on day-to-day access.
    The narrative that GPs are refusing to see patients face-to-face is as dangerous, as it is inaccurate, and
    that is why it is so disappointing to see most recently, your public support for the Daily Mail’s campaign
    and repeated comments elsewhere. The reality, as you must know, is that with the constraints of the size
    of GP practice premises, there are limits on how many people can safely be present in a waiting room
    while adhering to appropriate infection control measures. GP practices, in the same way as hospitals, are
    using telephone, video and online consultations to assess patients (in accordance with NHS England
    guidance) and provide them with physical face-to-face consultations when this is needed. Many practice
    premises are too small and poorly ventilated, and with high circulating levels of Covid, we have a duty to
    protect our older and clinically vulnerable patients from becoming infected when they attend their GP
    In addition, there are simply too few GPs and practice staff in under resourced premises to meet the huge
    surge in demand that practices are currently experiencing, which will be exacerbated by the Covid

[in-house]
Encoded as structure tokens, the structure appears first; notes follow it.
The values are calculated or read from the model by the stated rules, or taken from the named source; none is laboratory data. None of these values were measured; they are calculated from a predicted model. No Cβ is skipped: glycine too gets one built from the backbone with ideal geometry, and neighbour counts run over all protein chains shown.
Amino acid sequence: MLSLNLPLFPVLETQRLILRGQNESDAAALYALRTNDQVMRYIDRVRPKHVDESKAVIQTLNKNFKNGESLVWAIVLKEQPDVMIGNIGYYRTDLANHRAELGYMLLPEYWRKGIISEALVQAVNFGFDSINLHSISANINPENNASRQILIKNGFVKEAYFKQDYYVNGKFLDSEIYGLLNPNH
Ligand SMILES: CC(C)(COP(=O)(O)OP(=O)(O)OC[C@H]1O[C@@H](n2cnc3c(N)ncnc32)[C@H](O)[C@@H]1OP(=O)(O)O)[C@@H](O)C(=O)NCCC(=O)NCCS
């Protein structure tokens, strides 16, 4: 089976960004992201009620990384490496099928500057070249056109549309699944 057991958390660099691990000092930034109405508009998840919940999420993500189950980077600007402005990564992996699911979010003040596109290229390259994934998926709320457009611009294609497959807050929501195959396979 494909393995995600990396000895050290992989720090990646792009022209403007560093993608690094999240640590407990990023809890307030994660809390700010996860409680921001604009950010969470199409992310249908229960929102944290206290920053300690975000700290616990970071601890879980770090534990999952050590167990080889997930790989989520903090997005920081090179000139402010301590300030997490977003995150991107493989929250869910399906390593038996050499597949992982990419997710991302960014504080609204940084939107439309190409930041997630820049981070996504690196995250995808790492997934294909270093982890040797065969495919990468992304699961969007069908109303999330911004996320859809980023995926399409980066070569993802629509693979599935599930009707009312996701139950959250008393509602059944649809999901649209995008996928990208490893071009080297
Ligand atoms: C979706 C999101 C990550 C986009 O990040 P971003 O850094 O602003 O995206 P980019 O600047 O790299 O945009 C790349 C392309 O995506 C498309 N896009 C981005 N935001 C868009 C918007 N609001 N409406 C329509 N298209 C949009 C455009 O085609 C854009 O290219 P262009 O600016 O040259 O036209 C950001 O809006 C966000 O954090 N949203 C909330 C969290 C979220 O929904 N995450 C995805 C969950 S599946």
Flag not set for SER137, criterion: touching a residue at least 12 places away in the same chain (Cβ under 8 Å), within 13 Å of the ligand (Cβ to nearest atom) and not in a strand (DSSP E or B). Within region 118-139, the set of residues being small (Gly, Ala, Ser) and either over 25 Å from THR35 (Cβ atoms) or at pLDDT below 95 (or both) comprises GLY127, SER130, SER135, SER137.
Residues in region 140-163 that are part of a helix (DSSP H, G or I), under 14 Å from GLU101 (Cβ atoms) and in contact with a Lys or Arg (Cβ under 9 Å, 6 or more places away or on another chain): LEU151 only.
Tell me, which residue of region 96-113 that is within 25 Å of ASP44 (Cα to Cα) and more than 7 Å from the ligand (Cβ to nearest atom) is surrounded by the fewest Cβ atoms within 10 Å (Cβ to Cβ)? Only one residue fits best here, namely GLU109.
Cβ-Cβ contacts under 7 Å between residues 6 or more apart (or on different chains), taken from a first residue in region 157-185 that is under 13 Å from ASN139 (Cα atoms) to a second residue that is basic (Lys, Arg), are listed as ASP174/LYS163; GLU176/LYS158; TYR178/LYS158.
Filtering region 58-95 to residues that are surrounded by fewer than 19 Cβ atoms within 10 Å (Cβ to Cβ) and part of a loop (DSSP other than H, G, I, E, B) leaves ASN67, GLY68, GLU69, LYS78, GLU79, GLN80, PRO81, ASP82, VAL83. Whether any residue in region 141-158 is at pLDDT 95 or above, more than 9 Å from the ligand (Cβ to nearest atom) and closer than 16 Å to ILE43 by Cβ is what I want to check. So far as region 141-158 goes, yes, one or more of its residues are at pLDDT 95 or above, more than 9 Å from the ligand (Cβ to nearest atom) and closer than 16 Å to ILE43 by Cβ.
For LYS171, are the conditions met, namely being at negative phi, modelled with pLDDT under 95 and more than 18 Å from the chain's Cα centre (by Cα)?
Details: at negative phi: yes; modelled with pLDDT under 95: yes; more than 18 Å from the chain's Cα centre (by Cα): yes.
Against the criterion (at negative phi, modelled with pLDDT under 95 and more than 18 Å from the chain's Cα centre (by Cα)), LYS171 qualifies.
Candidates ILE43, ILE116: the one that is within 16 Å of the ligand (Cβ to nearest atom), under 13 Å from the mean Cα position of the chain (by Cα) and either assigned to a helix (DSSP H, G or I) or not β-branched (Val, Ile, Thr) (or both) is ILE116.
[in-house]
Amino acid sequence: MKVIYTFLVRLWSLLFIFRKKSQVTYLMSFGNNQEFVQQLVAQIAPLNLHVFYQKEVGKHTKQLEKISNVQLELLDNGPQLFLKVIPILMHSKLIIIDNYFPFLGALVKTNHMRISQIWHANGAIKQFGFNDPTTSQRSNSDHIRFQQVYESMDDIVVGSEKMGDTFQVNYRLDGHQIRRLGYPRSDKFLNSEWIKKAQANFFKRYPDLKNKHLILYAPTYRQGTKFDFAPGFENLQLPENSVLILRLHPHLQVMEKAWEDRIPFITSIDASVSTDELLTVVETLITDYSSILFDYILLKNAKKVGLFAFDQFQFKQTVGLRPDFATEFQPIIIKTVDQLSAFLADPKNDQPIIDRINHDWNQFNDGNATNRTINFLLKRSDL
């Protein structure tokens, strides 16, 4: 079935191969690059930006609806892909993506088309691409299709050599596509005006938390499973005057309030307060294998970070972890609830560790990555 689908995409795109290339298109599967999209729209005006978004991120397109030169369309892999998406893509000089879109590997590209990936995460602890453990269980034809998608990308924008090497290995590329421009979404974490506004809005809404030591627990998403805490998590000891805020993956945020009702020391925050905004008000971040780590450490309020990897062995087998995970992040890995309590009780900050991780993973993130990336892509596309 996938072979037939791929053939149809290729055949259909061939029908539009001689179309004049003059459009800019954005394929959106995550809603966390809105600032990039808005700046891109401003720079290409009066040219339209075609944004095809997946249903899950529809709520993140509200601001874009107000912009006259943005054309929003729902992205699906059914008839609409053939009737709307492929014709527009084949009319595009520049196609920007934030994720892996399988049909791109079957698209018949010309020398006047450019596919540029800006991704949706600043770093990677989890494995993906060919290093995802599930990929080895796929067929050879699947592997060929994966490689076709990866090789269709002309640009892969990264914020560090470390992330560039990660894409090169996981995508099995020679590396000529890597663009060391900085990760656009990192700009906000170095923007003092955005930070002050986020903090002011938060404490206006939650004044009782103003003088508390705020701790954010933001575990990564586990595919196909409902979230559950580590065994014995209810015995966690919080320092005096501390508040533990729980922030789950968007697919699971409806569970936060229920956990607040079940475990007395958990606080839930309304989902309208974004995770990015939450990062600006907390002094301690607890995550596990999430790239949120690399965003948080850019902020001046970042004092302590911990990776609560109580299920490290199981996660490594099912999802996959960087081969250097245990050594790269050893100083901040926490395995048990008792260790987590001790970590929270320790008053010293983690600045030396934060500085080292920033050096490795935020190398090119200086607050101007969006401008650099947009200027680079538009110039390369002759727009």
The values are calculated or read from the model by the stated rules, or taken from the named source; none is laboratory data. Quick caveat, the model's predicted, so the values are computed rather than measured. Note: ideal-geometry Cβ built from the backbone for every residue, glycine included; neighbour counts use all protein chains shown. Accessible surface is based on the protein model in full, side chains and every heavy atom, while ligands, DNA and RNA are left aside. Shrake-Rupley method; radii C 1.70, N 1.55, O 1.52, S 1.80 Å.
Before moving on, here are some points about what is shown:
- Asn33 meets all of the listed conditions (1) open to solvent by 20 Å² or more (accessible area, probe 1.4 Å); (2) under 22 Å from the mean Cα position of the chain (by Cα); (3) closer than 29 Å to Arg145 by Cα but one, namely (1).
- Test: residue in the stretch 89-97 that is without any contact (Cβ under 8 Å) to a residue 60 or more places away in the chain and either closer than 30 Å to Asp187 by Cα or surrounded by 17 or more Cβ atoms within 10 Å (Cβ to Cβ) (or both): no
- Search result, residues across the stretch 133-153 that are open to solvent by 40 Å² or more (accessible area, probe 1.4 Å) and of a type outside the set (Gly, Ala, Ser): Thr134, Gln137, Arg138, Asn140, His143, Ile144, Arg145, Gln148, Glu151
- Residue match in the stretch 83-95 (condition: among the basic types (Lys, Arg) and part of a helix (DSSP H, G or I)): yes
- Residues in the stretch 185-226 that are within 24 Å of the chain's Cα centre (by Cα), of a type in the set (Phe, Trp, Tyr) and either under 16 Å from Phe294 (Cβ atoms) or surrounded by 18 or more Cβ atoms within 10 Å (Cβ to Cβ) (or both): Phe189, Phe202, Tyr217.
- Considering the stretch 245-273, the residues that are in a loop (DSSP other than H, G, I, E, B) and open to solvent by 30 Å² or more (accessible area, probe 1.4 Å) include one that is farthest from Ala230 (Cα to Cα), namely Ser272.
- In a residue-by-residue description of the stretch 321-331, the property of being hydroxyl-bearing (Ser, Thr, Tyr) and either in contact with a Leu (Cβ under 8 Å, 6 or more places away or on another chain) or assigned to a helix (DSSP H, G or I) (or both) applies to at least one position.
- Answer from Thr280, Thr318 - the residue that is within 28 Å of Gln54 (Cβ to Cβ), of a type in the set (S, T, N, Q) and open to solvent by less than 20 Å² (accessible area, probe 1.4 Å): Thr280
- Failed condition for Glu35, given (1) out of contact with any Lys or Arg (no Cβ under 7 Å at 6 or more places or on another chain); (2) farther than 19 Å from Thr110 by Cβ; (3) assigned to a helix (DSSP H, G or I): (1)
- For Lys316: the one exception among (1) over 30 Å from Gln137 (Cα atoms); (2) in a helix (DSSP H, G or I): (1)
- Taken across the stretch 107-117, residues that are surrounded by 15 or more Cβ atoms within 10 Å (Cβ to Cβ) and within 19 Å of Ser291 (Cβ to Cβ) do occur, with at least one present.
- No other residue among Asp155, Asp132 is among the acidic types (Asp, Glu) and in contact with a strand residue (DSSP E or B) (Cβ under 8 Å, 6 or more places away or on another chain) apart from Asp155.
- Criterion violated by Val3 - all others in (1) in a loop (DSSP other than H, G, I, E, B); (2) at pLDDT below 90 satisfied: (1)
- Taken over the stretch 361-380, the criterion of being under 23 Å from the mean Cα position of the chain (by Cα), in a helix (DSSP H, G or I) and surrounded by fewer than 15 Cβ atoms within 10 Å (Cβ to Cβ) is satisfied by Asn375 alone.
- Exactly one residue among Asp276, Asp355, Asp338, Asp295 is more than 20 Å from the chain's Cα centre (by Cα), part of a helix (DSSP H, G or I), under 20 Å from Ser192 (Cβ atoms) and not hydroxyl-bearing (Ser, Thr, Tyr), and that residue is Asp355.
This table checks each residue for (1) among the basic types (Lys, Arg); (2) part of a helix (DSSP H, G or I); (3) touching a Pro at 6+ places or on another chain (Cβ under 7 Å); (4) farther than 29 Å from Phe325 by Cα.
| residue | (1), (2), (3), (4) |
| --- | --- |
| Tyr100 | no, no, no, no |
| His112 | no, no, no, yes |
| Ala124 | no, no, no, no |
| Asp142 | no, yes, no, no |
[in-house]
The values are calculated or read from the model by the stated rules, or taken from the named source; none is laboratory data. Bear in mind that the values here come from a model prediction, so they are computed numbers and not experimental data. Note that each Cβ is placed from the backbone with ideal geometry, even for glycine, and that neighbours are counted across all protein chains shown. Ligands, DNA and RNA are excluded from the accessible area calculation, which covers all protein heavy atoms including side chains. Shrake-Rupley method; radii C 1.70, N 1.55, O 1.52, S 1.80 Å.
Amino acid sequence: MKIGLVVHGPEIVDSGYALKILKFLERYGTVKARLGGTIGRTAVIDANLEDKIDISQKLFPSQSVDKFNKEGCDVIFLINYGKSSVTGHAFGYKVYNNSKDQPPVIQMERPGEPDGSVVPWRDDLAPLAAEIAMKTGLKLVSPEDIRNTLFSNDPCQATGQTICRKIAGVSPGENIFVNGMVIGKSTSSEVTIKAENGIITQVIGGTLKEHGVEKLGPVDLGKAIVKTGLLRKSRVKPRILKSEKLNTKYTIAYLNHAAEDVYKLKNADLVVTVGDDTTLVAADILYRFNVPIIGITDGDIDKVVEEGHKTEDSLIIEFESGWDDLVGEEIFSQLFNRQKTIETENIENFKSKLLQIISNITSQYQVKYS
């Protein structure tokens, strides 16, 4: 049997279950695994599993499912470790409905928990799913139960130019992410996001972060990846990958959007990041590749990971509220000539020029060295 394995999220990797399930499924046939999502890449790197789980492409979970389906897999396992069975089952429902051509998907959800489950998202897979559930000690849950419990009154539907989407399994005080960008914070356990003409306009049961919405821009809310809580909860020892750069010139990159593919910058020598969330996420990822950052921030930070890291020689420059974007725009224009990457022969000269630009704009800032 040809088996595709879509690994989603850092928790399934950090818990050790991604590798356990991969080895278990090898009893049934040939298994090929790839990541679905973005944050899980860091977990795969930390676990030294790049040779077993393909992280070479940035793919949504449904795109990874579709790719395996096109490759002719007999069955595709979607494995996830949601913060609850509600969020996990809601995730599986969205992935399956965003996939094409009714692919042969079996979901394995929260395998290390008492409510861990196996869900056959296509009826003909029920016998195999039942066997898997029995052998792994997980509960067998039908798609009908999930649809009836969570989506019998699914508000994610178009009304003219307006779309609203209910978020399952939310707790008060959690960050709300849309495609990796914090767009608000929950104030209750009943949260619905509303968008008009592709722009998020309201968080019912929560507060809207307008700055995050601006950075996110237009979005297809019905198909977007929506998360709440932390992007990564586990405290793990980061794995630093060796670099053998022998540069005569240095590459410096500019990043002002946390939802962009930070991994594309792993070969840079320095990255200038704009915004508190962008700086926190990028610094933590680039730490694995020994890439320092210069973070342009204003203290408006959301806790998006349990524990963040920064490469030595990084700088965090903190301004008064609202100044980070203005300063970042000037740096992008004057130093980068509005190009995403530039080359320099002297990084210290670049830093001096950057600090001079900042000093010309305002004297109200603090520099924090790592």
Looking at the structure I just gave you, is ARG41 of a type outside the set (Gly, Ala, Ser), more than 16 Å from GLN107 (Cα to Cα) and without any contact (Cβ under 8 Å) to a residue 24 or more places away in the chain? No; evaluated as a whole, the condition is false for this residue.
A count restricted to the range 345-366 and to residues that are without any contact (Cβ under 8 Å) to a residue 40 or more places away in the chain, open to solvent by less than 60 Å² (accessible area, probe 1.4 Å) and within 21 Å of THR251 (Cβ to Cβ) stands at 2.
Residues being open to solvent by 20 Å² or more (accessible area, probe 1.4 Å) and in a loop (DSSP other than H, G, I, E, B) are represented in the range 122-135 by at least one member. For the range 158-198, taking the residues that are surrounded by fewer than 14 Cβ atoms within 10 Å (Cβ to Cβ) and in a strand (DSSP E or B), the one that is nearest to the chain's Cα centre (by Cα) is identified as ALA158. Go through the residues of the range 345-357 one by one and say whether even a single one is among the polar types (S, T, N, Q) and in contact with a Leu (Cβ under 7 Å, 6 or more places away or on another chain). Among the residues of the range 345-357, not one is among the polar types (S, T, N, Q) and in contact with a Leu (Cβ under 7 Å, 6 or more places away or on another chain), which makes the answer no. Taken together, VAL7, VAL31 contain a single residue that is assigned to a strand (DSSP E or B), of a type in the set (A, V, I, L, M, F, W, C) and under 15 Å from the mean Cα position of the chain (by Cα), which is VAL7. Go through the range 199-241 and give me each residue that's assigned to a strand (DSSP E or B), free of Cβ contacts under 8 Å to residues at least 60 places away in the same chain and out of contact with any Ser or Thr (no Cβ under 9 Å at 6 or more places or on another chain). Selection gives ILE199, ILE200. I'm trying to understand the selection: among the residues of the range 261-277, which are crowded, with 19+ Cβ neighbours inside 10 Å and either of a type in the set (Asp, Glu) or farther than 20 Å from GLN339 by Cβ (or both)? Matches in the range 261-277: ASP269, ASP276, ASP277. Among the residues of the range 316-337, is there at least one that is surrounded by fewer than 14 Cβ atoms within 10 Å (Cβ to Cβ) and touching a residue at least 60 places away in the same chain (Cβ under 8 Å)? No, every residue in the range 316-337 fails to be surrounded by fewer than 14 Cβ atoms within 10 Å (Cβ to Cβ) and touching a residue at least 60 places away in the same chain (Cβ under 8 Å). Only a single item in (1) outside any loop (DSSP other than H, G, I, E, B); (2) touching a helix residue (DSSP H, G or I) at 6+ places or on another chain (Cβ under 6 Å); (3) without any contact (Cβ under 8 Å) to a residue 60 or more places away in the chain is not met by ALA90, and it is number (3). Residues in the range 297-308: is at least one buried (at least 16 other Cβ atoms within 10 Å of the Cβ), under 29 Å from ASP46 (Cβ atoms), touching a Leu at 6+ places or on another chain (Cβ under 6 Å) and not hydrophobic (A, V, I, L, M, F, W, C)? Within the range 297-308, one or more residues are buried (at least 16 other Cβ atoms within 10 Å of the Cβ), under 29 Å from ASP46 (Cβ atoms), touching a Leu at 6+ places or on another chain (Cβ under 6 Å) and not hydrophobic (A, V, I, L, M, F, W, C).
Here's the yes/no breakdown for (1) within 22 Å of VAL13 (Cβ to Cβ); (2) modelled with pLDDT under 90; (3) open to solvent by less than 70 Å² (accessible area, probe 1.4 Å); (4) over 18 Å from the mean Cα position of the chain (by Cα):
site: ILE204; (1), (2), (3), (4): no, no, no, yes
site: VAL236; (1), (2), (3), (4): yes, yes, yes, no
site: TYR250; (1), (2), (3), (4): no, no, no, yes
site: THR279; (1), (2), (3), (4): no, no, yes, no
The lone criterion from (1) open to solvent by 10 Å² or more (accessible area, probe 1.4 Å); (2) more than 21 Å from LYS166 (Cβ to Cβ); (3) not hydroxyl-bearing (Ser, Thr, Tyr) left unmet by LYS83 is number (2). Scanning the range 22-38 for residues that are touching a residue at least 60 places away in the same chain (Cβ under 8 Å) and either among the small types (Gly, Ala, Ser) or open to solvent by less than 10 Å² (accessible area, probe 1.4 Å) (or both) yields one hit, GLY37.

vaccination booster programme. Telephone triage is one way that practices are keeping their head above
    water to ensure that patients see the right health professional and make appropriate use of GP time.
    Page 2 of 2
    Furthermore, while it may suit some sections of the media to portray appointments as being reduced, the
    fact is that GPs are seeing more patients than ever, working longer hours than ever. The NHS’ GP
    appointments data shows there were nearly one million more appointments in July 2021 than prepandemic levels (July 2019). Whilst GPs are being vilified for offering telephone consultations, they are
    doing so purely for the safety of the patients and which in fact our survey shows is more exhausting for
    GPs and result in longer days. It is soul destroying for GPs and their staff to hear the narrative that they are